There’s good news: You don’t have to do it alone. The industry is full of BI experts, and in fact, we recommend you find a strategic partner—a consultant or systems integrator—with the right expertise and framework to help you navigate the transition. This partner should have prior experience in migrating or replacing traditional BI with the modern analytics platform you choose. Additionally, they should have a deep understanding of the nuances of your needs and how to satisfy them through modern BI. Finally, they should have a solid framework and be able to help you outline an appropriate timeline to deploy your new solution.

    Minotaur graphic

    Here is an example framework to make your transition from traditional to modern BI successful:

    The first phase involves planning, scoping, an inventory of your reporting and needs, and a closer looking at your financial model to develop the necessary strategy for the migration. During this time, you’ll also need to establish or evaluate your cross-functional steering committee, organizational roles and responsibilities (including mapping users to license roles), and key aspects of your data and governance strategy that will set users up for early successes.

    The second phase is the heavy lifting to migrate the most impactful modern BI content. Since traditional reports have often been designed according to user requirements developed before modern BI capabilities were largely available, this is a good time to work with the audience for reporting to give them best-in-class analytics. As key use cases are built with Tableau, you may continue to solidify processes around reporting, governance, maintenance and monitoring, etc., begin working with workbook and data source prototypes, and kick off user training.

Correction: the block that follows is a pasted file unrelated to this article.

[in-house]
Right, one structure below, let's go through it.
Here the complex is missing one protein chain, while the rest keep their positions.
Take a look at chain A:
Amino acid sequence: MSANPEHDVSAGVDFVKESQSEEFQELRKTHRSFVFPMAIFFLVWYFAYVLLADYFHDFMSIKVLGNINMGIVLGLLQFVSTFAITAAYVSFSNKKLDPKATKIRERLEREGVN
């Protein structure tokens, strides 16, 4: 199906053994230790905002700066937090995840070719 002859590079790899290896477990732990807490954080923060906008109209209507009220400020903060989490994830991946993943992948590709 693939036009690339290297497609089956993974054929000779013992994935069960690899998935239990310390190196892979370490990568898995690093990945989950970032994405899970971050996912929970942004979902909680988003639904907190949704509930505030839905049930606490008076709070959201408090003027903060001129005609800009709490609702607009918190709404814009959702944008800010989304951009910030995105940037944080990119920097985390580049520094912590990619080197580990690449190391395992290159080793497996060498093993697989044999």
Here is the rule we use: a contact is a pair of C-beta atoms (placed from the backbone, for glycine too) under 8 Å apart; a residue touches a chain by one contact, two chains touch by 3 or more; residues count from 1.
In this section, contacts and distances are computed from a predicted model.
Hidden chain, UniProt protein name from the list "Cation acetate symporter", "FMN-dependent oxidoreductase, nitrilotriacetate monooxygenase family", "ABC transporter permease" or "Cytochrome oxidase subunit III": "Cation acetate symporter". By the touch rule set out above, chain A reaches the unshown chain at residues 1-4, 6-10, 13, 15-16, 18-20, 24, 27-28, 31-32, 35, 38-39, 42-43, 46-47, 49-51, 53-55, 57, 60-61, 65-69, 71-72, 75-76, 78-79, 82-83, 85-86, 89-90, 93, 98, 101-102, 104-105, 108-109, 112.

The final phase is for validation during a coexistence of your traditional and modern systems. As users will ramp up on your new modern solution, you should expect them to validate that it not only meets their reporting needs, but that visual, self-service analysis offers new insights to their data and benefits to the business. Ideally, you’ll sunset or scale down your traditional platform as you reach the maintenance contract renewal period.

    Learn more about making the move to modern BI with Tableau

    Why Tableau

    The Tableau platform provides the greatest depth and breadth of analytical capabilities to deploy the data that matters across your organization—including flexible data access and powerful data prep capabilities. Solid security and governance features keep data in the right hands and ensures users can find the accurate and trusted content they need to make decisions.

    Deploy Tableau where you want—on Linux or Windows, on-premises, in the public cloud, or fully hosted SaaS, even embedded in web portals and applications. Work with any shape, size, and type of data, whether on-premises, in cloud applications, or flat files, and analyze your data where it is—live or in-memory. And we provide a full suite of API for extensibility. Flexibility and choice are Tableau philosophies.

    Evaluating a solution doesn’t stop at the software. You should also consider how it will be rolled out, enabled, scaled, and supported to ensure adoption and engagement. One of the most valuable assets that differentiates Tableau, speeds up time to market, and ensures lasting engagement is our community. We’re fortunate to have a passionate, global user base with more than 150,000 active participants in our Community Forums and 165,000 participants in 500 user groups worldwide. We often hear from our customers that “the community will not allow you to fail.”

    Finally, everything we do is driven by our mission to help people see and understand data. We are solely focused on the modern BI and analytics market, with an unmatched investment into research and development. We focus on building data skills and internal communities that drive ongoing success as your data strategy and business needs evolve and expand.

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    About Tableau

    Tableau is a complete, easy-to-use, enterprise-ready visual business intelligence platform that helps people see and understand data through rapid-fire, self-service analytics at scale. Whether on-premises or in the cloud, on Windows or Linux, Tableau leverages your existing technology investments and scales with you as your data environment shifts and grows. Unleash the power of your most valuable assets: your data and your people.

    Additional resources
    Tableau for the Enterprise: IT Overview
    Tableau Blueprint
    Governed Self-Service Analytics at Scale
    Modern BI & Analytics Evaluation Guide
    Why IT Professionals Choose Tableau for Modern BI
    Making Digital Transformation Actionable through Analytics